A conventional mortgage is a home loan that isn’t guaranteed or insured by the federal government. Conventional mortgages that conform to the requirements set forth by Fannie Mae and Freddie Mac typically require down payments of at least 3%. Borrowers who put at least 20% down do not have to pay mortgage insurance premiums, which are typically required with FHA loans.
A USDA home loan is a 100% financing (zero down payment) mortgage offered by the U.S Department of Agriculture to home buyers in less densely populated areas of the country. Eligibility is determined by home location, income level, and other requirements.
An FHA loan is a mortgage insured by the Federal Housing Administration. With a minimum 3.5% down payment for borrowers with a credit score of 580 or higher, FHA loans are popular among first-time home buyers who have little savings or flawed credit.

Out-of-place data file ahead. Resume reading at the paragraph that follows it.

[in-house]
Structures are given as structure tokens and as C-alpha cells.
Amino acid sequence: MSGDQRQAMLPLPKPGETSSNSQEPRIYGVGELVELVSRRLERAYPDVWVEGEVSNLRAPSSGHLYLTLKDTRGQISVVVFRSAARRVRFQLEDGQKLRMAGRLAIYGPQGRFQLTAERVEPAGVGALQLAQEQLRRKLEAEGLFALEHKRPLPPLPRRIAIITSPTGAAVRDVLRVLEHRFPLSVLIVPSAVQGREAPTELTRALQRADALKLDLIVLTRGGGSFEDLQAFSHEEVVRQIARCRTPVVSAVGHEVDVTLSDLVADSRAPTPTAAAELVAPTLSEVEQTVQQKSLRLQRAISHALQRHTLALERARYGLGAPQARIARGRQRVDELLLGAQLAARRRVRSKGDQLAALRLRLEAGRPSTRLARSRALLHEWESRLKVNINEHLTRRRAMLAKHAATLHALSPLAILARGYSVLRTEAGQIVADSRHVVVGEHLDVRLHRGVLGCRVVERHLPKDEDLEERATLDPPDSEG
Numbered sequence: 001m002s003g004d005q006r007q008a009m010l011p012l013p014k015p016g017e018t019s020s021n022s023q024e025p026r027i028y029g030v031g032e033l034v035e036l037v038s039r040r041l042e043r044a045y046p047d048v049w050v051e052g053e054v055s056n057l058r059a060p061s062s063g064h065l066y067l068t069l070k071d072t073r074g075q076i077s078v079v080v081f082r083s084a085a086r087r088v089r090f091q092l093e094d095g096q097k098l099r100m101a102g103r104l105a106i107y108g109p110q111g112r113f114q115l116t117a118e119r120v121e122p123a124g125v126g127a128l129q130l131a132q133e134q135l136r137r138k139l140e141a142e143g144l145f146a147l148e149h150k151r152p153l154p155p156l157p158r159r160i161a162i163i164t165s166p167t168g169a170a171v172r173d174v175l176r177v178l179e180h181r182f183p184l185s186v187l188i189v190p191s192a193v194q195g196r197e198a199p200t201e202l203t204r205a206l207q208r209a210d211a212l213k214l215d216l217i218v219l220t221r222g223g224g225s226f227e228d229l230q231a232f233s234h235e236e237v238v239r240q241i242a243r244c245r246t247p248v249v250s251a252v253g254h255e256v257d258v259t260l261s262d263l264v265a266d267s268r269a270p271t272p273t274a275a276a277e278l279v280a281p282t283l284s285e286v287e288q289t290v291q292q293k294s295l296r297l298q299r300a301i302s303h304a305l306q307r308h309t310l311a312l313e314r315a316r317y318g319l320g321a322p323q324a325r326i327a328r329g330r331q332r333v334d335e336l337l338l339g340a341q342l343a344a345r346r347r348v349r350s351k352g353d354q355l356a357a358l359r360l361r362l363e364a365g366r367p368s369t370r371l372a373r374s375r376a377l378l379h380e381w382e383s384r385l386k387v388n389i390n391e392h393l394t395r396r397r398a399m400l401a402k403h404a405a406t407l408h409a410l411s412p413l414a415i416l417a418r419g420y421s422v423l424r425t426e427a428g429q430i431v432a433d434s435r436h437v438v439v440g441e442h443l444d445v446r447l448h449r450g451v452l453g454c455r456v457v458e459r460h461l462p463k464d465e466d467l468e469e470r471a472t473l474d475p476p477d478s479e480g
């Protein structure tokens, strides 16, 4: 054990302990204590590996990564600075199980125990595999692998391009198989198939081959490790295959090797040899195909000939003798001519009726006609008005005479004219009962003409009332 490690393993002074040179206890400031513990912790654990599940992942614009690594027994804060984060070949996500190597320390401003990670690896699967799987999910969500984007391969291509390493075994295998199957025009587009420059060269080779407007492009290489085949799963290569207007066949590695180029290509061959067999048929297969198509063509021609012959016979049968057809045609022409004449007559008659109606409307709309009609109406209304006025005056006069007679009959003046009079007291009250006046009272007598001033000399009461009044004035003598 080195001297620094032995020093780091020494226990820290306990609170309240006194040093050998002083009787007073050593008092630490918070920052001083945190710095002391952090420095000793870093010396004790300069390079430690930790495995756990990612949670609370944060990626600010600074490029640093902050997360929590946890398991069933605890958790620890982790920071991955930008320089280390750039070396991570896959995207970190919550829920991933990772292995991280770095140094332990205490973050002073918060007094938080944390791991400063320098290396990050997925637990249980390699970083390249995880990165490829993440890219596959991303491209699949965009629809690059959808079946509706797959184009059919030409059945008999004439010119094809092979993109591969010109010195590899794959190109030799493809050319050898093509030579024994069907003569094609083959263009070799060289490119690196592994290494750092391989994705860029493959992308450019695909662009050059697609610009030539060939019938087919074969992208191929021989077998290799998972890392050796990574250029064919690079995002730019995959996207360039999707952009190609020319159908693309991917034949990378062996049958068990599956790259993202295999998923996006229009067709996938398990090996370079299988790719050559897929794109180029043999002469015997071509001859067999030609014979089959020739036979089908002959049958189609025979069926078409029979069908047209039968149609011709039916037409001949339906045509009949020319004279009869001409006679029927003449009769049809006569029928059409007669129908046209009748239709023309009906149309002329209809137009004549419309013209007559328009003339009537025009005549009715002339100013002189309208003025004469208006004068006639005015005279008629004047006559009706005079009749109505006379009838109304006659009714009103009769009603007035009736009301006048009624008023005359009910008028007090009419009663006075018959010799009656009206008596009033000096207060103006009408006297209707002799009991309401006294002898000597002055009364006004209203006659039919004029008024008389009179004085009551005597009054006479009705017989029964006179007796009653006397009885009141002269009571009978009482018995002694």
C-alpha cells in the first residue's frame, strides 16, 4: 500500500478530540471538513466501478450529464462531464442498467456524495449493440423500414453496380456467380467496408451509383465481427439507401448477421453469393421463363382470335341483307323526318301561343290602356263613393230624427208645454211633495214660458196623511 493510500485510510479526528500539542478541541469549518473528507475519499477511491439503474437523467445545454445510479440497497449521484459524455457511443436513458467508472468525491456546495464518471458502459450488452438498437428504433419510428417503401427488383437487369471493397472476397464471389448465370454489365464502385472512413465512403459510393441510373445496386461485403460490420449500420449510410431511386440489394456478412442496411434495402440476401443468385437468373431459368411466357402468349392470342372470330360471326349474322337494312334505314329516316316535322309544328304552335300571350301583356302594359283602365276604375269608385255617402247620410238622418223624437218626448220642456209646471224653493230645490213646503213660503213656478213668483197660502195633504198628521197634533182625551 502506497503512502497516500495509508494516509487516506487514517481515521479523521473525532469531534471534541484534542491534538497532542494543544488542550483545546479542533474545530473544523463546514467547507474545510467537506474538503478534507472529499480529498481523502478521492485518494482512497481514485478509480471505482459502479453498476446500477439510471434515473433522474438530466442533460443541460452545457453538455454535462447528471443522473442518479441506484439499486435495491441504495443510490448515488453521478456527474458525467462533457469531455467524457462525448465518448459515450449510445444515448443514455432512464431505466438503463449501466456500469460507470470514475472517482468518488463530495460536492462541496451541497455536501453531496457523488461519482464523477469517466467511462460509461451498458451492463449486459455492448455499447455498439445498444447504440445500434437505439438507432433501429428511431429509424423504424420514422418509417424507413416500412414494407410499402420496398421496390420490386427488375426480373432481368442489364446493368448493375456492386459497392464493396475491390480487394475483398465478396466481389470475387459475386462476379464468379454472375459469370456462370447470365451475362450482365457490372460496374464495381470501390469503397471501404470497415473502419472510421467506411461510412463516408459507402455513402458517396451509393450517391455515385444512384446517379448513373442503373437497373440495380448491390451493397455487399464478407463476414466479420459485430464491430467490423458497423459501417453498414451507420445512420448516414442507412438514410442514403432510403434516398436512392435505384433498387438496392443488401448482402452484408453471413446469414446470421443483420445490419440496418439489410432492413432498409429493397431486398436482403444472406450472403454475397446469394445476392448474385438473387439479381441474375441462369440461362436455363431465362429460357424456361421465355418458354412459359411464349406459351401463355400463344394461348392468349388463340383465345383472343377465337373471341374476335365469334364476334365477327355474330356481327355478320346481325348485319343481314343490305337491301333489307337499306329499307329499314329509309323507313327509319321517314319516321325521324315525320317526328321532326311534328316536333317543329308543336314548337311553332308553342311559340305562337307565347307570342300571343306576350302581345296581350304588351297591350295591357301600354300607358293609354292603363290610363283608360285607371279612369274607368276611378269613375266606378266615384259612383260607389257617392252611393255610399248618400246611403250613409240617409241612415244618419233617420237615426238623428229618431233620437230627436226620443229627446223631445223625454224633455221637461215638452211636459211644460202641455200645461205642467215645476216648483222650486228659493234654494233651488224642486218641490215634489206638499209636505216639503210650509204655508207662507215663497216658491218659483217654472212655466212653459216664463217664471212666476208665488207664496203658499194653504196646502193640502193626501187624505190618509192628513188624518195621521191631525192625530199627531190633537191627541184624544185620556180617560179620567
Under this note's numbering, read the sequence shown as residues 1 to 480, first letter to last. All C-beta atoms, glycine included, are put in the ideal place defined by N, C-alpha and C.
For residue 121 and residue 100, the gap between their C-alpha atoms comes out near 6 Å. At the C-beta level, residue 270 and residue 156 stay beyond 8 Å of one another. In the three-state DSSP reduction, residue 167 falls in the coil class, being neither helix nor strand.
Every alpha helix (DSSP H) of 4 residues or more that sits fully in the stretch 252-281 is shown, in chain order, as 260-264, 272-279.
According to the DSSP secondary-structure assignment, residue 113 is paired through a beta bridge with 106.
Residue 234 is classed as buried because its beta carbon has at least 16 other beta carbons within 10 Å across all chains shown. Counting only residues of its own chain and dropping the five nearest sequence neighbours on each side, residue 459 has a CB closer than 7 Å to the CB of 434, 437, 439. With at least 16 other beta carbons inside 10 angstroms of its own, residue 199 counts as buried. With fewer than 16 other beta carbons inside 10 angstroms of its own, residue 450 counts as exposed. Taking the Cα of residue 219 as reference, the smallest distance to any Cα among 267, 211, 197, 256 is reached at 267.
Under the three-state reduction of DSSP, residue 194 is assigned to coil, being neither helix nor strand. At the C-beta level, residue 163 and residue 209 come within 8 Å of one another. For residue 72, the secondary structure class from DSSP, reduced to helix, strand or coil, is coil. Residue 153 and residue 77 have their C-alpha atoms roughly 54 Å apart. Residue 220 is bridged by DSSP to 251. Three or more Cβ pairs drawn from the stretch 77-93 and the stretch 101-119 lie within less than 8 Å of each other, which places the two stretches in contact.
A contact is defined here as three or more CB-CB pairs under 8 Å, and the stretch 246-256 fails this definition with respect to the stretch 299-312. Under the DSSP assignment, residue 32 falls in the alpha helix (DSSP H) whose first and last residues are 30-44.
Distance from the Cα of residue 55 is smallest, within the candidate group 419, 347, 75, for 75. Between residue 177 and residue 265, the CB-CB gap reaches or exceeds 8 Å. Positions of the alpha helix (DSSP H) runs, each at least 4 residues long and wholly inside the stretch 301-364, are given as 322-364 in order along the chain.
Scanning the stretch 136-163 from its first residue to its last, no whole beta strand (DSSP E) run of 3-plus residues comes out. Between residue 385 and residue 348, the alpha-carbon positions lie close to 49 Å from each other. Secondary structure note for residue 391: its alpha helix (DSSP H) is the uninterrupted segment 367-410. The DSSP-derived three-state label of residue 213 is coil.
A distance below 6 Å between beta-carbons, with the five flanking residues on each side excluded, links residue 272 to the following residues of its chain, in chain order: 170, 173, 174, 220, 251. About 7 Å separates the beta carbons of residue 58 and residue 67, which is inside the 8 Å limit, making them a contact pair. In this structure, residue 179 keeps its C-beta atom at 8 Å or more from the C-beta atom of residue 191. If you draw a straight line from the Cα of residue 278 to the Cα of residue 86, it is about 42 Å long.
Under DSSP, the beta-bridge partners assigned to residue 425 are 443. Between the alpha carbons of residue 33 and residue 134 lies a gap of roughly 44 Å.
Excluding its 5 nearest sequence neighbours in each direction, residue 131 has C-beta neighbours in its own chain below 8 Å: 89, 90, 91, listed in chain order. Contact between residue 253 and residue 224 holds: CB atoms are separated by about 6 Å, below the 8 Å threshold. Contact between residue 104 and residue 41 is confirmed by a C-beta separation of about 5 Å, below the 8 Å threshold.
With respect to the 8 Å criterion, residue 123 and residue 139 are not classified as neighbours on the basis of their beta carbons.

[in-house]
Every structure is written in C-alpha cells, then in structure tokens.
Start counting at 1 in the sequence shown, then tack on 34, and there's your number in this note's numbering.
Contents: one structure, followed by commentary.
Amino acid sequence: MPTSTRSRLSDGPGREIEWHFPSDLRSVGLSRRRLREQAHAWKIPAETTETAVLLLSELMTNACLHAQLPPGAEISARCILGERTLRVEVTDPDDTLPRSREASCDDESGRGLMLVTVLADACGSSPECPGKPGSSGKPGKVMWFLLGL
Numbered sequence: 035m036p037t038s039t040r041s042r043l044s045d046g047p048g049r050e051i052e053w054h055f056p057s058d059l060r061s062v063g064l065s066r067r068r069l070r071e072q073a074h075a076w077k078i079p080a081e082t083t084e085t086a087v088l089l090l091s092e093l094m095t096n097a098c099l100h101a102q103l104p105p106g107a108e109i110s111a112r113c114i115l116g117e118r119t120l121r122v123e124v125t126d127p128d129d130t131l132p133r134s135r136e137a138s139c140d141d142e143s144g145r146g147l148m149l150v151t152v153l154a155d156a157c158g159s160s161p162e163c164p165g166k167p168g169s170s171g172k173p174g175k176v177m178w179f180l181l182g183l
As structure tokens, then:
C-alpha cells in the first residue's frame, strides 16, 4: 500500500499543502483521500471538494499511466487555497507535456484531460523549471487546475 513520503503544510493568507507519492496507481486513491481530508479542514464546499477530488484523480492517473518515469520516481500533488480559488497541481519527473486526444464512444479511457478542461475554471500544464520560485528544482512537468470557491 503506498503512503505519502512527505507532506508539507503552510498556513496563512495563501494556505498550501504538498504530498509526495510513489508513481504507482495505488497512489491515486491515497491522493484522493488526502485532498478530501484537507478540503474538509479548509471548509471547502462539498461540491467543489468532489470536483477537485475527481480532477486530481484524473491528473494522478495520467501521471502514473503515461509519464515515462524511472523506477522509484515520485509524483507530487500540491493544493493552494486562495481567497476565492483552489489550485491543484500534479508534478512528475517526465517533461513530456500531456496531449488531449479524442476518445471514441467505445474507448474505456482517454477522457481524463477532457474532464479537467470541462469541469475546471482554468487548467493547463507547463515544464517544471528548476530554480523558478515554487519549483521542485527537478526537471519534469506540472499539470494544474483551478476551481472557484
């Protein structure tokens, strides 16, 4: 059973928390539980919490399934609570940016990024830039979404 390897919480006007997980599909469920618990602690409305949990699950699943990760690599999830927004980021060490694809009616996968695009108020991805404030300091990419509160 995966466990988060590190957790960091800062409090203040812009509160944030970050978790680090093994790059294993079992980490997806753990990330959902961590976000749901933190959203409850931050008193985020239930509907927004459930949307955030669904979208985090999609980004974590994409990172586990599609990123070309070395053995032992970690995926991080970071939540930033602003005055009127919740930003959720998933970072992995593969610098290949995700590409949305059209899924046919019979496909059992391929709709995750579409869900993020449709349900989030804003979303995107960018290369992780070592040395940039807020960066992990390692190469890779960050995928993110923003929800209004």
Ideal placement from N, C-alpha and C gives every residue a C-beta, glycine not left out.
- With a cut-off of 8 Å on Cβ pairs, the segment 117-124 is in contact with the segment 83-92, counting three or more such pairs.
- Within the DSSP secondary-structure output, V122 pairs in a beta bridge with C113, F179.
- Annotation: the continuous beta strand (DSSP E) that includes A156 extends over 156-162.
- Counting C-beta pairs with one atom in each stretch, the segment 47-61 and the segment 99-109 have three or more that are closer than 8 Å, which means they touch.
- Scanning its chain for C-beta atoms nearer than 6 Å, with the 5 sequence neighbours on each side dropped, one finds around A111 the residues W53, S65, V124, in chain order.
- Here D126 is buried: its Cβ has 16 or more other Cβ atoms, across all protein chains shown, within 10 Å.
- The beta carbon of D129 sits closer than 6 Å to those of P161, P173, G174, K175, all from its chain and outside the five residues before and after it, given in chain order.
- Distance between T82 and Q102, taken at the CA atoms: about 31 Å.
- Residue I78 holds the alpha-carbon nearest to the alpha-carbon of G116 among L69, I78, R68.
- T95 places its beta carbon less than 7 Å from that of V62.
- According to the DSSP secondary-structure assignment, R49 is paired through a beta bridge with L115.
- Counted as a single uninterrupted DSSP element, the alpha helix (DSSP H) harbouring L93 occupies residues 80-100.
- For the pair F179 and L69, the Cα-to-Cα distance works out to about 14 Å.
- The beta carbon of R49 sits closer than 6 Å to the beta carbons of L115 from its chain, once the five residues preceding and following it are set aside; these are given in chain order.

This nearly nationwide* program is designed to provide down payment assistance equal to 2% of the purchase price to a wide variety of eligible
borrowers. Eligible borrowers may include first-time home buyers, first-responders, educators, medical personnel, civil servants, or military personnel.
The Department of Veterans Affairs doesn’t issue the loans; banks, mortgage loan companies and brokers do. The VA insures a portion of the loan in case of default. Lenders like that, so they follow the requirements issued by the VA to grant the loans. VA loan does not require any money down and do not have monthly mortgage insurance, there is a funding fee based on if its your first or second time obtaining a VA loan, you may also be exempt based on your service. This information is found by obtaining your VA Certificate of Eligibility.
The Home Possible® and HomeReady® programs by Freddie Mac and Fannie Mae allow first-time and repeat home buyers to get into a new home with as little as 3% down.